Boondoggling and leaf-raking – it is the term that invokes the ultimate put down by the conservatives who laud the virtues of the private sector as they create hundreds of thousands of low-skill, low-paid, precarious and mind-numbing jobs but hate, with an irrational passion, the idea that the public sector could employ workers that the private sector doesn’t want and get them to work on community development projects at a minimum wage. And to put a finer point on it … on projects that can leave massive positive legacies to all that follow.

The debate was very fierce during the Great Depression. In the US, President Roosevelt’s New Deal was in part informed by the overwhelming sentiment expressed by the American Federation of Labor (AFL) that workers wanted jobs not the dole! The Congress, fresh from an election win, saw the urgency of the situation and there was a proliferation of pro-worker legislation – large-scale public works programs being to the forefront.

The logic was that if the private sector was in full-scale retreat from job creation, then the only remaining source of job creation was the public sector. Then and now! There is debate about whether the programs were successful, with the conservatives spinning every angle possible to deny their significance. But my understanding of the historical data is that the initiatives were extremely important in building infrastructure and protecting families and their communities.

The facts are clear. The Public Works Administration (PWA) created hundreds of thousands of jobs and the work helped restore ageing public infrastructure (such as, roads, dams and bridges). Many new buildings were constructed during this period (schools, recreational spaces, libraries, hospitals) and have delivered benefits to the generations that followed.

Harry Kelber writes that between 1935 and 1941, the Works Progress Administration (WPA) program employed around 8 million workers on “construction and conservation projects”. Most of the workers were low and semi-skilled, the hardest hit by the Depression. The projects included “building athletic stadiums, making books for the blind, stuffing rare birds and improving airplane landing fields and army camps.”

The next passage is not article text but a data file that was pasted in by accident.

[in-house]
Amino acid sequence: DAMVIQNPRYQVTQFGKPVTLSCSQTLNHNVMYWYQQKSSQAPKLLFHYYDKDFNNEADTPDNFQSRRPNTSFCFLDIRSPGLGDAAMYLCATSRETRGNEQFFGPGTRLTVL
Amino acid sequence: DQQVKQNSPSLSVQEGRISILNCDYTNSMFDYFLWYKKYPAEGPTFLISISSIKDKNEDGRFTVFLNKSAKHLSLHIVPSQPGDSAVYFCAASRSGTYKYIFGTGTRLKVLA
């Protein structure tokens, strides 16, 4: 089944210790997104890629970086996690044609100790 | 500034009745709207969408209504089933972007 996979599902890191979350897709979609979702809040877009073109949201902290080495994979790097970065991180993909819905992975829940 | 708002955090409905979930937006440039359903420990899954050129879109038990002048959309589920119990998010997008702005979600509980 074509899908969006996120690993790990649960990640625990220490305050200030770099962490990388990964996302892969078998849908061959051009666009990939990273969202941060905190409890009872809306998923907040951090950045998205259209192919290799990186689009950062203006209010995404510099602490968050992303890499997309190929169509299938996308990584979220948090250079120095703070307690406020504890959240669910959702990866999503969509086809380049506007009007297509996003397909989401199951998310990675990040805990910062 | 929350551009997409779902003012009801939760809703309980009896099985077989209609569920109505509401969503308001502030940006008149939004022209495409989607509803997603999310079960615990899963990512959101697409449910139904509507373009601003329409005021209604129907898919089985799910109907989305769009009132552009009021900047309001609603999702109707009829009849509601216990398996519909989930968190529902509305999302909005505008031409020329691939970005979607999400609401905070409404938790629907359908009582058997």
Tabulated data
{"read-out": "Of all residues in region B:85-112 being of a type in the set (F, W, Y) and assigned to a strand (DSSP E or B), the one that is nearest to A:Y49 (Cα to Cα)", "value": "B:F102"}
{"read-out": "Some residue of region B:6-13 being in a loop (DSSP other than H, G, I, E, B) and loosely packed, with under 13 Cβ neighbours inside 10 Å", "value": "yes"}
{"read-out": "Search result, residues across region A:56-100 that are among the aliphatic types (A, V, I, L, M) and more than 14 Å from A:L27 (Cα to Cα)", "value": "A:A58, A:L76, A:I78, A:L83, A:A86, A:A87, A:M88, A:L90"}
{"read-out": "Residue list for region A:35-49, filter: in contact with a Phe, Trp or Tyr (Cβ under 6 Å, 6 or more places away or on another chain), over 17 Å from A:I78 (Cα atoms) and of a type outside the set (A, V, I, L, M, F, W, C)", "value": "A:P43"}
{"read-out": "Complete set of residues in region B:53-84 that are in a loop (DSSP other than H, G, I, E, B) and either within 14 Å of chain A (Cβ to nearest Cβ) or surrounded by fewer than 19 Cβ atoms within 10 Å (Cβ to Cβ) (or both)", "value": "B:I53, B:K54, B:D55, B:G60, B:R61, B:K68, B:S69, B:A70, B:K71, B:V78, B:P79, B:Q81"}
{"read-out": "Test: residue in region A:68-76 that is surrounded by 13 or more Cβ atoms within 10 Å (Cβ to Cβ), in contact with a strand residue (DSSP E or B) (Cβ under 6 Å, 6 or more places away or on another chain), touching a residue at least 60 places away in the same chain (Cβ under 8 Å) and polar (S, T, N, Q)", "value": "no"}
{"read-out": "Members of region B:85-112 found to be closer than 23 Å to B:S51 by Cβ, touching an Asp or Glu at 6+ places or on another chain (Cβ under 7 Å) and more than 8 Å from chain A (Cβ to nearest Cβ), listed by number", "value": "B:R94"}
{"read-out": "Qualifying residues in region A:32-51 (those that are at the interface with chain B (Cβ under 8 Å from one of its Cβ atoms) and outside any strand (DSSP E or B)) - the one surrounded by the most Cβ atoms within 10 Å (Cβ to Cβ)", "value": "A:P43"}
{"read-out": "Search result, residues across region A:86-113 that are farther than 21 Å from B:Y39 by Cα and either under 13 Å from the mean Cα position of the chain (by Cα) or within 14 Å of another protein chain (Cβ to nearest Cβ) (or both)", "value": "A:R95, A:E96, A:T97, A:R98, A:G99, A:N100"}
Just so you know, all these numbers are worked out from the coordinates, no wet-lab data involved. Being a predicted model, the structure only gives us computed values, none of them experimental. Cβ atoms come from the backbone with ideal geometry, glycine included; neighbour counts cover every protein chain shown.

The WPA engaged “Thousands of unemployed writers, actors, musicians and painters were given an opportunity to earn a modest livelihood from their artistic talents … and to enrich the lives of countless culturally-deprived citizens. The productions of the WPA Theater Project, for example, entertained a phenomenal audience totaling 60 million people, a great many who had never before seen a play.”

Further, targetted programs to engage American teenagers were organised under the Civilian Conservation Corps (CCC) which employed around 2.7 million jobless male teenagers. Kelber reports that they worked to “reclaim government-owned land and forests through irrigation, soil enrichment, pest control, tree planting, fire prevention and other conservation projects.”

There are huge reminders of the legacy of this era of public intervention by way of direct job creation. The Tennessee Valley Authority was a huge hydro-electricity project which brought electricity and prosperity to some of the poorest rural areas of the US. At the time, Kelber notes that the private electricity providers stridently opposed the challenge to their monopoly control. The upshot was that the project forced them to reduce their power charges. In general, the dynamism of the public sector at that time caused huge outcries from the capitalists who didn’t want challenges to their cosy profit making industries from public sector enterprise.

Similarly, in Australia, countless public works projects during the Great Depression, decried by the conservatives as “boondoggling and leaf-raking” left us with such gems as the road to the summit of Tasmania’s Mount Wellington and Victoria’s Great Ocean Road which were built as public works projects designed to give returned soldiers and unemployed people work.

And a recent Commonwealth Hansard entry reminds us that:

Anyone who has ever driven across the Sydney Harbour Bridge or along the Great Ocean Road, both public works projects funded during the very tough economic circumstances of the thirties, will know that tough economic times are not incompatible with public works of lasting value. The Hoover Dam in the USA is another example of a national infrastructure icon which was completed during the Great Depression of the 1930s.

There are countless examples of productive infrastucture that was developed by so-called “make work” programs. I am sure that the benefits to society arising from the Great Ocean Road are significantly higher than those attributable to the consumption of greasy burgers from some multinational fast food chain using minimum wage labour.

Jump to 2004 …

Why I digressed into this brief historical foray was to remind myself of the sort of criticisms that are levelled at public sector job creation programs. The simple “boondoggling and leaf-raking” retort is used to decry projects that have clearly added extremely valuable capacity to our nation that the private sector would never undertake in pursuit of profit.

So why does the current Government just do it! Well, I was then reminded of a relatively recent interchange the Job Guarantee had with the previous Federal Employment Minister in 2004. Here is that story.